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Wednesday 23 June 2021
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Egypt tries to attract foreign investment in state debt

Egypt has opened a scheme allowing foreign investors in its financial markets access to dollars despite a hard currency shortage, a move which analysts said aimed to attract external funding for the soaring state budget deficit.

The central bank said it was restarting a mechanism helping foreign investors to repatriate their funds that was last used in 2000-2003 – also a period of dollar shortages when the Egyptian pound’s value fell sharply.

Previously the scheme covered purchases on the stock market. However, the central bank said in a statement that the “Foreign Investors’ Repatriation Mechanism” would now be expanded to cover treasury bills and bonds.

“In addressing the central bank’s responsibility for moving the Egyptian economy securely through the exceptional circumstances that the country is going through, it has decided to reenact those mechanisms starting Sunday,” the bank said.

The mechanism requires foreign currency inflows through commercial banks be sold to the central bank and ring-fenced in the Foreign Investment Fund. When investors sell their Egyptian assets, they can then withdraw the sum in dollars from the Fund.

The statement did not make clear whether the scheme applies only to new purchases of Egyptian assets or if it would also cover existing investments. Central bank officials were not available for comment.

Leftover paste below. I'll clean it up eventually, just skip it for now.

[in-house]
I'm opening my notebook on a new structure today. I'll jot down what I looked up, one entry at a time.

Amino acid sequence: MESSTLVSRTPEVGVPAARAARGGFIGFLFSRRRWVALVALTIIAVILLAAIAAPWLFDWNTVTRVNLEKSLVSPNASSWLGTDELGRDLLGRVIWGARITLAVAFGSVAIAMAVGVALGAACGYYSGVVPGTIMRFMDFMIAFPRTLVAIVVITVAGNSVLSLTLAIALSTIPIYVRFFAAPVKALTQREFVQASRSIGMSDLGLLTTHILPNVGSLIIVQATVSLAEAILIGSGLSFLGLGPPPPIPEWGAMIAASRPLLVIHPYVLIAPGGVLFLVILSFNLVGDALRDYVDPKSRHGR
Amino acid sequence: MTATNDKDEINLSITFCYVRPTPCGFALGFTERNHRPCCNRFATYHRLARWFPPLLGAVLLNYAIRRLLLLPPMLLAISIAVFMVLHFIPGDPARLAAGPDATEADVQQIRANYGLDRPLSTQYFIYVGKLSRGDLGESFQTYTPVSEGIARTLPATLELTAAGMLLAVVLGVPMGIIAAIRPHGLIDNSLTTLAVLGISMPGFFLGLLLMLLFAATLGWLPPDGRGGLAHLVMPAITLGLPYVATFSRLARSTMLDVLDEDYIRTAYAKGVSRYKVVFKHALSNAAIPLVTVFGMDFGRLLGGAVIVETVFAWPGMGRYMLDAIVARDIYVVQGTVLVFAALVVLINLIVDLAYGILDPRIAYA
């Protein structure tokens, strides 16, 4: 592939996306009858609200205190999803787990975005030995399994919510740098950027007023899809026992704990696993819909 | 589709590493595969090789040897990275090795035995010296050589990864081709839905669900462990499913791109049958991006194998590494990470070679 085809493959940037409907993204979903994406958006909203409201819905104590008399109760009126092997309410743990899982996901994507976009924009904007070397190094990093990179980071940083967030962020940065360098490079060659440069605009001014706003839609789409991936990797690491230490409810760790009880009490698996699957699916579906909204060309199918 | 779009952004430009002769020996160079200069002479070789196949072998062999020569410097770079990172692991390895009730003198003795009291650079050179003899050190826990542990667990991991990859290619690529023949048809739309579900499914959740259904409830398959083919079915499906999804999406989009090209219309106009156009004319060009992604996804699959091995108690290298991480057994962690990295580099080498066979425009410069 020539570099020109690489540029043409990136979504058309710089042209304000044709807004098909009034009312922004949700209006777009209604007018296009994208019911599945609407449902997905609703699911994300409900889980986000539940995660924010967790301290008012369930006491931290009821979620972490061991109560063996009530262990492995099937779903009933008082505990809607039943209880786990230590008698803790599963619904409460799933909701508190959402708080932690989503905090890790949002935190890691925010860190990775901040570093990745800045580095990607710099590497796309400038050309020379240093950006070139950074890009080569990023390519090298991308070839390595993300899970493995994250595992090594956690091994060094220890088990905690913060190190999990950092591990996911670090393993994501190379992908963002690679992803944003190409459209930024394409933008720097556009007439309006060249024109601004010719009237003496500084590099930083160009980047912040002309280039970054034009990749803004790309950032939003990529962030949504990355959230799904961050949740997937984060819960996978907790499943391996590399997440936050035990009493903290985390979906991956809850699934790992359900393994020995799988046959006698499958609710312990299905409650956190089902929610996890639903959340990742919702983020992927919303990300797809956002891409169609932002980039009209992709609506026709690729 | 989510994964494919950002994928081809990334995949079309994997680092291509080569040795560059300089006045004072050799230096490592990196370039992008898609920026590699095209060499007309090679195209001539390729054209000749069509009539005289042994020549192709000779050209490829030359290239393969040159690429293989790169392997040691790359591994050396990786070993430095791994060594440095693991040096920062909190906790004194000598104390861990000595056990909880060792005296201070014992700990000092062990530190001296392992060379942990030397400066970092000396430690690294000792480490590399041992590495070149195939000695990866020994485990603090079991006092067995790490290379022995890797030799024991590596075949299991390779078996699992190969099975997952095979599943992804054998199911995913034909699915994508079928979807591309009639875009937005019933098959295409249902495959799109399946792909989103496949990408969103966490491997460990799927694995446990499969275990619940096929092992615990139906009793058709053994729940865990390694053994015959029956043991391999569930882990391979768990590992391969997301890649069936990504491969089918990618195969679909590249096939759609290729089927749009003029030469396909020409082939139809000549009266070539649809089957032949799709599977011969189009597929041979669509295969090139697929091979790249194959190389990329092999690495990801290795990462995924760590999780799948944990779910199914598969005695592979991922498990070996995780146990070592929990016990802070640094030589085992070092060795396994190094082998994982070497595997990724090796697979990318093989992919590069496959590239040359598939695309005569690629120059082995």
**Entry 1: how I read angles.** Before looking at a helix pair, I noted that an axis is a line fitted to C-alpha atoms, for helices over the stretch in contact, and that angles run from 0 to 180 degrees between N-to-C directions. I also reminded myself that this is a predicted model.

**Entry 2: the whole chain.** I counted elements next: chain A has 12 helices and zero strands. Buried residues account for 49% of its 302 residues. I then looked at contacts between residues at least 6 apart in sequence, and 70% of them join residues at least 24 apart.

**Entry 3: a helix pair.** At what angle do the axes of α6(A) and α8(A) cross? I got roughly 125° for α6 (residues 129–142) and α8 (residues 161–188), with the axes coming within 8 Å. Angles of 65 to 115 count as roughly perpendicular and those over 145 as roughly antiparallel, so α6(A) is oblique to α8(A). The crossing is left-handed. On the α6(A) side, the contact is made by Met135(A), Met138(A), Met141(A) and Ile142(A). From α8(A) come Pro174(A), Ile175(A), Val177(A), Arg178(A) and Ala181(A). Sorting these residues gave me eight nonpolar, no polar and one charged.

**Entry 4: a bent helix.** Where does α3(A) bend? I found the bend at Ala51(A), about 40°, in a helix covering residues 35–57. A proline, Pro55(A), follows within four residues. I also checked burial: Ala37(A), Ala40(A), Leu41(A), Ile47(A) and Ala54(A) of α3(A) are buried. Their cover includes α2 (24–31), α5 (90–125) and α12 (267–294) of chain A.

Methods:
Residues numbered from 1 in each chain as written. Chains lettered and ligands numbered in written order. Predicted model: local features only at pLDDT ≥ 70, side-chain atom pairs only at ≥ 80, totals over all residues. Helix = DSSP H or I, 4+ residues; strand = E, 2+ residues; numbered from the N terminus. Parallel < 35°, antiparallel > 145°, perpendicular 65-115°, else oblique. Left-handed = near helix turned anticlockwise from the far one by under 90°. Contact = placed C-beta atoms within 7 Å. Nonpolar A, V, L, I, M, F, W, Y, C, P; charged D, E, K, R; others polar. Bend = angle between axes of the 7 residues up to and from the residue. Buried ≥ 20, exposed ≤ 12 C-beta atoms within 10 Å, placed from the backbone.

Egypt has endured two years of political instability, driving tourists and foreign investors away and draining its foreign reserves. These fell to a critical level of $13.5 billion at the end of February from $36 billion just before the uprising that ousted President Hosni Mubarak in 2011.

The Egyptian pound has lost more than 8 percent against the dollar since the end of last year and central bank has rationed dollars through auctions to commercial banks to slow the slide in the pound and the reserves.

Hany Genena, head of research at Cairo-based Pharos Investment Bank, said the scheme aimed to offer security at a time of deteriorating state finances.

“It gives confidence to foreign investors that their funds invested in Egypt will not be utilised to finance the balance of payments,” said Hany Genena, head of research at Pharos Cairo-based Pharos Investment Bank.


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